This is the best way I've ever seen to teach someone evolution

Comment by Cleetus VonArbuckle on June 26, 2011 at 12:06am
@Robert Taylor Some can reject the totality of science unless it is some outsider with unaccepted, unsupported, beliefs that contradict every reasonable theory.  Ask yourself, how many times has someone working in their basement come out with a free energy machine?  They never do.  They never will.  The reason scientists treat these people as crackpots, is because they usually are, you just don't know enough of the science yourself to realize this.  Think about a subject you know a lot about, say, NASCAR.  If I claimed that NASCAR was a plot by Arab Sheiks to trick people into driving faster, therefore using more gas, you would wonder what evidence I had.  If I told you I had evidence, but couldnt show you or confirm it you would quickly call BS.  This is the case with the creation stuff.  There are cases when some scientists were wrong about some things but to say that science was not willing to evaluate data on its merits is absurd.  The reason we have the theory of evolution is because of the strength of the science.  It took a generation before that was the accepted biological explanation for speciation.  Humans do hold on to their understandings to long, on occasion, but that is an issue with humans, not science.
Comment by Robert Taylor on June 26, 2011 at 12:07am

Whew...did'nt mean to strike such a defensive chord.  Sounds like the same thing I've been discussing about "Don't do this", "Don't do that"..."do it my way see...I'm Rocco". It apparently is a matter of "votes" outweighing what a graduate student is saying.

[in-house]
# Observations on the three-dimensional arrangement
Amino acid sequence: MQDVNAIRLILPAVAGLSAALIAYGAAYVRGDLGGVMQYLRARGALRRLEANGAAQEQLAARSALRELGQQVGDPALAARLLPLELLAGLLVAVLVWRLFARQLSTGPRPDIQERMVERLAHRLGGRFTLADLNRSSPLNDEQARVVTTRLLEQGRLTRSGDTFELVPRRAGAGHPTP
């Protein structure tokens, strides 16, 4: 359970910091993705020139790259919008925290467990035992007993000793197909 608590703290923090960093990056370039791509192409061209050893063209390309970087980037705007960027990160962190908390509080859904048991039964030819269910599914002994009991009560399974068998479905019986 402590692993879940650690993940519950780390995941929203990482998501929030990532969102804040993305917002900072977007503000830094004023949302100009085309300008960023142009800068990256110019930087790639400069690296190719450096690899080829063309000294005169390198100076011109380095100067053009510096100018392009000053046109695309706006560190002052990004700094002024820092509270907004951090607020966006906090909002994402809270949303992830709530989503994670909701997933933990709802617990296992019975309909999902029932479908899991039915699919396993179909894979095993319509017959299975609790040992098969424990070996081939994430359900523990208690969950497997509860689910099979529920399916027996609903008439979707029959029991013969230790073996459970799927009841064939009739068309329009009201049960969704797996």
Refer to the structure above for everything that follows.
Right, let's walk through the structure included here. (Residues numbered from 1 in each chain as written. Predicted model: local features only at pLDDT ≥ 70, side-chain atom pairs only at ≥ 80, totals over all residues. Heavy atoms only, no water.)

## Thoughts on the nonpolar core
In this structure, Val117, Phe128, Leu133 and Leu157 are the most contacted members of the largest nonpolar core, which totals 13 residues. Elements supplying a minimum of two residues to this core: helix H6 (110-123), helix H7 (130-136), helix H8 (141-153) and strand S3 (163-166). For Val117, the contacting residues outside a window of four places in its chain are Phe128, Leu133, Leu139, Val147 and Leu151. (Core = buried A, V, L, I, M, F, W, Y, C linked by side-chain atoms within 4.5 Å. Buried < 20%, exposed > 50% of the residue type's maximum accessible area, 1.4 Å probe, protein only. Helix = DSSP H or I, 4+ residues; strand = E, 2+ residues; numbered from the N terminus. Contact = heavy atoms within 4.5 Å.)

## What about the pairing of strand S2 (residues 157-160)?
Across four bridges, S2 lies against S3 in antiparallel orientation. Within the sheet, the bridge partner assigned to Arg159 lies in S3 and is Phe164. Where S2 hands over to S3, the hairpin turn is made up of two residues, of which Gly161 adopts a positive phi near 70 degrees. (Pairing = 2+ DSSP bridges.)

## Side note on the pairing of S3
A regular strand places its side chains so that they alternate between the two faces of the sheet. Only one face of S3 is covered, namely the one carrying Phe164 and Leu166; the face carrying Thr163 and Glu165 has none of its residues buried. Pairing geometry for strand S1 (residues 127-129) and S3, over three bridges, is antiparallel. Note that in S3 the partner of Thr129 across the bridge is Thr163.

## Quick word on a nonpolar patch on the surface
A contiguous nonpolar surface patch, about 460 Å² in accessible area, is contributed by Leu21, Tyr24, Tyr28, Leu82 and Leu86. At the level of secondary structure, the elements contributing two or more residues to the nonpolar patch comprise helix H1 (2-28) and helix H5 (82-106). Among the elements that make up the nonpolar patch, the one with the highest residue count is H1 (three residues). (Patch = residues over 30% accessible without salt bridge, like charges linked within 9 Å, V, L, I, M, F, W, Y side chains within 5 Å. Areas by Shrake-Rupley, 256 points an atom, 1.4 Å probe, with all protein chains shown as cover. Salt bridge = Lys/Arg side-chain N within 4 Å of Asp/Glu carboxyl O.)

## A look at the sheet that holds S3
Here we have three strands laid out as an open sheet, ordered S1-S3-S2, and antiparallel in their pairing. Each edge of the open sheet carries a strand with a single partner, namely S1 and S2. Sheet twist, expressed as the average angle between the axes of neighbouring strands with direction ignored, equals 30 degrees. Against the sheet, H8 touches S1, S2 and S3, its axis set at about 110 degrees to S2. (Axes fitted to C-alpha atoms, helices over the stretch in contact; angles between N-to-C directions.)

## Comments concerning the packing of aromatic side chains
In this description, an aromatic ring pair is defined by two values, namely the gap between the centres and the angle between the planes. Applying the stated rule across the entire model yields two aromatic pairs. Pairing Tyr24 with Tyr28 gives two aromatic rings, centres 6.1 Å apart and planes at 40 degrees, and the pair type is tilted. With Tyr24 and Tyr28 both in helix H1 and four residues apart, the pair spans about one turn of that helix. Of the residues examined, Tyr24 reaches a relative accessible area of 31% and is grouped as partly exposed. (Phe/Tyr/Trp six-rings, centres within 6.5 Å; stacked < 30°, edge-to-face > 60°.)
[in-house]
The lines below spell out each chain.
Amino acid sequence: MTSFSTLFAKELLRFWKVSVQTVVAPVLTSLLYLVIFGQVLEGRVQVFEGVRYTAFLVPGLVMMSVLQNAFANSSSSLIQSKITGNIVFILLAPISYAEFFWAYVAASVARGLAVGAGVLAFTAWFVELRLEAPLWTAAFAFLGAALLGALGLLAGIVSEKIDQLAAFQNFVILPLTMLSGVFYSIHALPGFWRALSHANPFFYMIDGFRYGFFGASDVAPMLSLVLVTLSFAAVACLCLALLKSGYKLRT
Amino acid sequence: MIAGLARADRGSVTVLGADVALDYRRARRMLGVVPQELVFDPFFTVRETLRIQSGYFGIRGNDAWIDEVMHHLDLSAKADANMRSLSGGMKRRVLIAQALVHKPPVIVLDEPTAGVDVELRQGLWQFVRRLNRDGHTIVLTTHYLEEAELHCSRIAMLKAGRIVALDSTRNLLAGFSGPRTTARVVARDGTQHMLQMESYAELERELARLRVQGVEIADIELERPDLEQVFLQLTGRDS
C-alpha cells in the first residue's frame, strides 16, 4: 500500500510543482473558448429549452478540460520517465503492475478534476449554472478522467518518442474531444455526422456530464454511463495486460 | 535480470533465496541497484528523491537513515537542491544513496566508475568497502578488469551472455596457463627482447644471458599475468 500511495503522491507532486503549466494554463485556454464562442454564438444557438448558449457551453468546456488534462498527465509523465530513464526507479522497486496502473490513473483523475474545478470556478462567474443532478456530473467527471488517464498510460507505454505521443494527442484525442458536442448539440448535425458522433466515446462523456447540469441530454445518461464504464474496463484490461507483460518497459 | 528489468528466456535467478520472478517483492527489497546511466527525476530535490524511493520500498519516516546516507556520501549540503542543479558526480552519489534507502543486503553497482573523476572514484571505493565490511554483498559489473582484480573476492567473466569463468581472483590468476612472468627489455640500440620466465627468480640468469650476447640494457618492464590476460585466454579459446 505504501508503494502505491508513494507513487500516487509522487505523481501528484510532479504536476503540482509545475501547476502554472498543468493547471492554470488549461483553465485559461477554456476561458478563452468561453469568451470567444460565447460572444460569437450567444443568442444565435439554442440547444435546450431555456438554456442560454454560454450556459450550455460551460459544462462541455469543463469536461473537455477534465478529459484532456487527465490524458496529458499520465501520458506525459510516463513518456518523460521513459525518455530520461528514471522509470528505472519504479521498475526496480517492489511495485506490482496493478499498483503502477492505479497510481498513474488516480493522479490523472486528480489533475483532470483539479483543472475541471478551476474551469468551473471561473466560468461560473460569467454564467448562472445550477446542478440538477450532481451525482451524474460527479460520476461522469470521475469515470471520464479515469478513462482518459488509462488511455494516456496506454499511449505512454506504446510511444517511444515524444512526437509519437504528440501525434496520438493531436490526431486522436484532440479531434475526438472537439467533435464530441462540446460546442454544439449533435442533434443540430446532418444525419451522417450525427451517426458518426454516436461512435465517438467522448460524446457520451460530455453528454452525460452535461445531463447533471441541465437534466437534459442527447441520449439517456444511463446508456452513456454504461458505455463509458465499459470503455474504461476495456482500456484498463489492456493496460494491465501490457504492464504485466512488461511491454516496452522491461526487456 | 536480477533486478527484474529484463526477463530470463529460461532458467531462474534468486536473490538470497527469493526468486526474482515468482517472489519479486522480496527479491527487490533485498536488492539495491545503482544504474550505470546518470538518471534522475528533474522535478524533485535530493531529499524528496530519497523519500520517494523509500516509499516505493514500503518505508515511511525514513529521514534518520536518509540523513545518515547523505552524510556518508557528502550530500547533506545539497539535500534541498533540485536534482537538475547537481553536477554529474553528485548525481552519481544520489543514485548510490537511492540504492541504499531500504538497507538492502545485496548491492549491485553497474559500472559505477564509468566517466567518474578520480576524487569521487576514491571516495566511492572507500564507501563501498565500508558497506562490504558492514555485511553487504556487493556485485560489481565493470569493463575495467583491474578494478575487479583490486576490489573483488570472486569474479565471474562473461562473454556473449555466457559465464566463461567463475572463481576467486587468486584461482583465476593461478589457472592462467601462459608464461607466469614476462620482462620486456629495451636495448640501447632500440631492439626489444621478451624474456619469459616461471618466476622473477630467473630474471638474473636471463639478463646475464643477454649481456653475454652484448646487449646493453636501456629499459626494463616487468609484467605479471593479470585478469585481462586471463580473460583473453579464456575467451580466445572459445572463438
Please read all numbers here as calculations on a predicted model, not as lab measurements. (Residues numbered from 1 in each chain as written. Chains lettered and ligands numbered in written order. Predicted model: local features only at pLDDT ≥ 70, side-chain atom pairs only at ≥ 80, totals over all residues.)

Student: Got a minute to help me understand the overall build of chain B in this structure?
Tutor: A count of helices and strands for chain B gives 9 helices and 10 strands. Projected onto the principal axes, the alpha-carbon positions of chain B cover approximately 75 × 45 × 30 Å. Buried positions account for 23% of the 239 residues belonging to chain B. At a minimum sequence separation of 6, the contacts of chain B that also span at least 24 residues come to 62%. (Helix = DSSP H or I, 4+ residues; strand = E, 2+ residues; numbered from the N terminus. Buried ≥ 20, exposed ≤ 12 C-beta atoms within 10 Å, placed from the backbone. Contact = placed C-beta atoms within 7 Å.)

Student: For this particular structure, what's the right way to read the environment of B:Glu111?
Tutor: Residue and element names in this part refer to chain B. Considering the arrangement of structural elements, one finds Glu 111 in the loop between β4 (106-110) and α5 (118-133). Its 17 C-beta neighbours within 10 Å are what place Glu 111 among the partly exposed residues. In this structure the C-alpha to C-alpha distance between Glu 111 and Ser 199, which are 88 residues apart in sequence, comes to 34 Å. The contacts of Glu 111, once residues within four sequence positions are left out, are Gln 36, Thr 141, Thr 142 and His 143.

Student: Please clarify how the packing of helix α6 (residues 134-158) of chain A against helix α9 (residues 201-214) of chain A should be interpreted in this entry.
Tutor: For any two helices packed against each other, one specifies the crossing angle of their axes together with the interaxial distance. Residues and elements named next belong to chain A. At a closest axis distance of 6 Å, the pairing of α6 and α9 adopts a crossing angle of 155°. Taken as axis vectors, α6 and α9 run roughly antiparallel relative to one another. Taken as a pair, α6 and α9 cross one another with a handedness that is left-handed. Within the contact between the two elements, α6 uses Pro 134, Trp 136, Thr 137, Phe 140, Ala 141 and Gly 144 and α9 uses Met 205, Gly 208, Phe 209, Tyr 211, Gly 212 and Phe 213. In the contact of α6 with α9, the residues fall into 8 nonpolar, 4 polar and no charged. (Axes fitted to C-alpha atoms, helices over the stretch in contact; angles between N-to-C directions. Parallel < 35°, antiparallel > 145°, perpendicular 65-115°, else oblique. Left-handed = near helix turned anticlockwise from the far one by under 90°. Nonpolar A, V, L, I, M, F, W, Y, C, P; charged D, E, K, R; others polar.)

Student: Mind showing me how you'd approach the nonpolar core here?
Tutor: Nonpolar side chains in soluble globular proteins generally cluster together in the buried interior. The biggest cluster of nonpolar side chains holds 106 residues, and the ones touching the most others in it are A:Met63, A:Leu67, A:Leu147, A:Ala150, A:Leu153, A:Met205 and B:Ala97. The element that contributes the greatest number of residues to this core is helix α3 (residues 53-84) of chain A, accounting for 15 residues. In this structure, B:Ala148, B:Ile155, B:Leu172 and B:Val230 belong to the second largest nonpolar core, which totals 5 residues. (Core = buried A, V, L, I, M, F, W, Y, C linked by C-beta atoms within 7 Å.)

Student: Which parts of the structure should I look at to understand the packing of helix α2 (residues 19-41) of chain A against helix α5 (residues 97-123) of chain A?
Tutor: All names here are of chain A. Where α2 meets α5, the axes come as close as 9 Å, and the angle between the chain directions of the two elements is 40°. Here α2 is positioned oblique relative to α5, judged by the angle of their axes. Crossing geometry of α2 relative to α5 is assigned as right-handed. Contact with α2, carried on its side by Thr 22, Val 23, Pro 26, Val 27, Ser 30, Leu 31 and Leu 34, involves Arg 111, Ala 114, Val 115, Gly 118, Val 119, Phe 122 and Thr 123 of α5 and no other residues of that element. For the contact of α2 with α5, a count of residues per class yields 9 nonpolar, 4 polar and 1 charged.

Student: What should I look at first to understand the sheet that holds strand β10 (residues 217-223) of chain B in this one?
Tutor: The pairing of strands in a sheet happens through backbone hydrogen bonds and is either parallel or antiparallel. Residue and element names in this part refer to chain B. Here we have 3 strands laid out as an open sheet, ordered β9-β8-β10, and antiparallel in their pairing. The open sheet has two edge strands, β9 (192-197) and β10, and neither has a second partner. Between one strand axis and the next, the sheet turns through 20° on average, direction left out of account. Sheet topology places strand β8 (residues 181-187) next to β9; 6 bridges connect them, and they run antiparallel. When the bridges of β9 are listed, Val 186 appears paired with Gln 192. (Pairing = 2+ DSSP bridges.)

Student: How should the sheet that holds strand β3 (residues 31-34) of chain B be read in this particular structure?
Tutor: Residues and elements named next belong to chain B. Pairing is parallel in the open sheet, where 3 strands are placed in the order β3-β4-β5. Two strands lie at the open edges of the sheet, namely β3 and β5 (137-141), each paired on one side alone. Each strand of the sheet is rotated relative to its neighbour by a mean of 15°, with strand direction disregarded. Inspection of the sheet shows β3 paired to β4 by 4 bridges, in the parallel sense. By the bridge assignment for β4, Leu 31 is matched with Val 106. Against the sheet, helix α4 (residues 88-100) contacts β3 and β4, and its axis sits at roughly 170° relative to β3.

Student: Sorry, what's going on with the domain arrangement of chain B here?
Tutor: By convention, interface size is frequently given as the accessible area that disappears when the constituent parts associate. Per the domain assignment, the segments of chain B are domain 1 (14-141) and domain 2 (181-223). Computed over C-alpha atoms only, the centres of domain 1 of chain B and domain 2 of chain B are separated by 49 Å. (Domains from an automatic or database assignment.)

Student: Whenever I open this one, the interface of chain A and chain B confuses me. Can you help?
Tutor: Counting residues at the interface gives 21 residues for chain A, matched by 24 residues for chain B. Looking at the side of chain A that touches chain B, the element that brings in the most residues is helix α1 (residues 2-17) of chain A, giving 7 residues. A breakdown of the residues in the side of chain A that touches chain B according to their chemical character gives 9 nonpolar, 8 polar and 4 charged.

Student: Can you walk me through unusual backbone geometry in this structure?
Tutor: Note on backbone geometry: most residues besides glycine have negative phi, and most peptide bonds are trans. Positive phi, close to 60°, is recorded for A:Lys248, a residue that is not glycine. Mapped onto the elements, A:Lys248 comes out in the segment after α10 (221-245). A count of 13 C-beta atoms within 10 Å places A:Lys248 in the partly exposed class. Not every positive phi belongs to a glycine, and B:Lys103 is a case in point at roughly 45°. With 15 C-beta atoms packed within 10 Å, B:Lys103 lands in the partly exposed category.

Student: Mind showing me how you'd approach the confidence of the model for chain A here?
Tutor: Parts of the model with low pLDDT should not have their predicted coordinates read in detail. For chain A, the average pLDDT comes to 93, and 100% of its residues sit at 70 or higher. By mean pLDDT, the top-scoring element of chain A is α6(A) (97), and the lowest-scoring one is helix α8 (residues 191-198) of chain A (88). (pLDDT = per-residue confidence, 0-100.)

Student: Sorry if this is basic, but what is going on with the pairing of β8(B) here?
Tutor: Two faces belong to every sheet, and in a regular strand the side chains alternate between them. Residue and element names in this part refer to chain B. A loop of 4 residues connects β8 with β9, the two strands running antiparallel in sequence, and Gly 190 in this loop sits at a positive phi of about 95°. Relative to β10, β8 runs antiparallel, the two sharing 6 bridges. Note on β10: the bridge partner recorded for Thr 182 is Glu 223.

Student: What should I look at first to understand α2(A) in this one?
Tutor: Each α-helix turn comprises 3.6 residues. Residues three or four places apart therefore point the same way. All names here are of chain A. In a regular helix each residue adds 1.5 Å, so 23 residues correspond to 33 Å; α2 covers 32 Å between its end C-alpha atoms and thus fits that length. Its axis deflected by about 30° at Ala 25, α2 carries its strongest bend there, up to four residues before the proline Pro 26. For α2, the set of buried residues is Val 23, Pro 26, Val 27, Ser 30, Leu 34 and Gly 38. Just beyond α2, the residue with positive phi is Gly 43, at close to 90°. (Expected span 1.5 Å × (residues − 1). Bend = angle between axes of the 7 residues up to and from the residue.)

So, I guess I shouldn't hear out what a graduate student discovers...that just doesn't sound right.  As far as Charlton Heston and the video...again why so defensive.  I especially appreciated the facts about Glen Rose, the lifting of the strata, to discover more of the same footprints.  I don't accept the Xtians' view of man's beginning 6,000 years ago or what may be prevalent among certain segments of scientists sticking to 100,000 years ago.  Is it just the fact that it's Heston that bothers you? 

 By the way, it was Heston that came up with these discoveries.  It was others scientists that were discussed, some viewed, in the documentary.  Have you seen it? Again, have YOU seen it?

Comment by Robert Taylor on June 26, 2011 at 12:09am
"....it was NOT Heston that came up with these discoveries."  They need an edit feature on these comments...or "review", then "edit".
Comment by Robert Taylor on June 26, 2011 at 12:15am

Whew, I can see why I see so many frustrated comments here.  People just aren't capable of discerning what is written.  I NEVER advocated creationism...you know that so why try to put words into my words?  I'm an atheist and I view creationism as crackpot.  I don't know, maybe I should type s l o w e r and use small words.  I am NOT advocating anywhere a belief in creationism.  We all need to be open-minded though about we have been taught is true. 

Comment by Stephen Walski on June 26, 2011 at 12:24am

Being open minded is indeed a necessity of any rational thinking person.

 

However making statements like i dont believe scientific proof of DNA evolution does raise some eyebrows...

 

Im curious are you a molecular biologist or studying it? Was there a reason besides a summary video that you discount one of the factual portions of evolution that is well accepted?

Comment by Heather Spoonheim on June 26, 2011 at 7:39am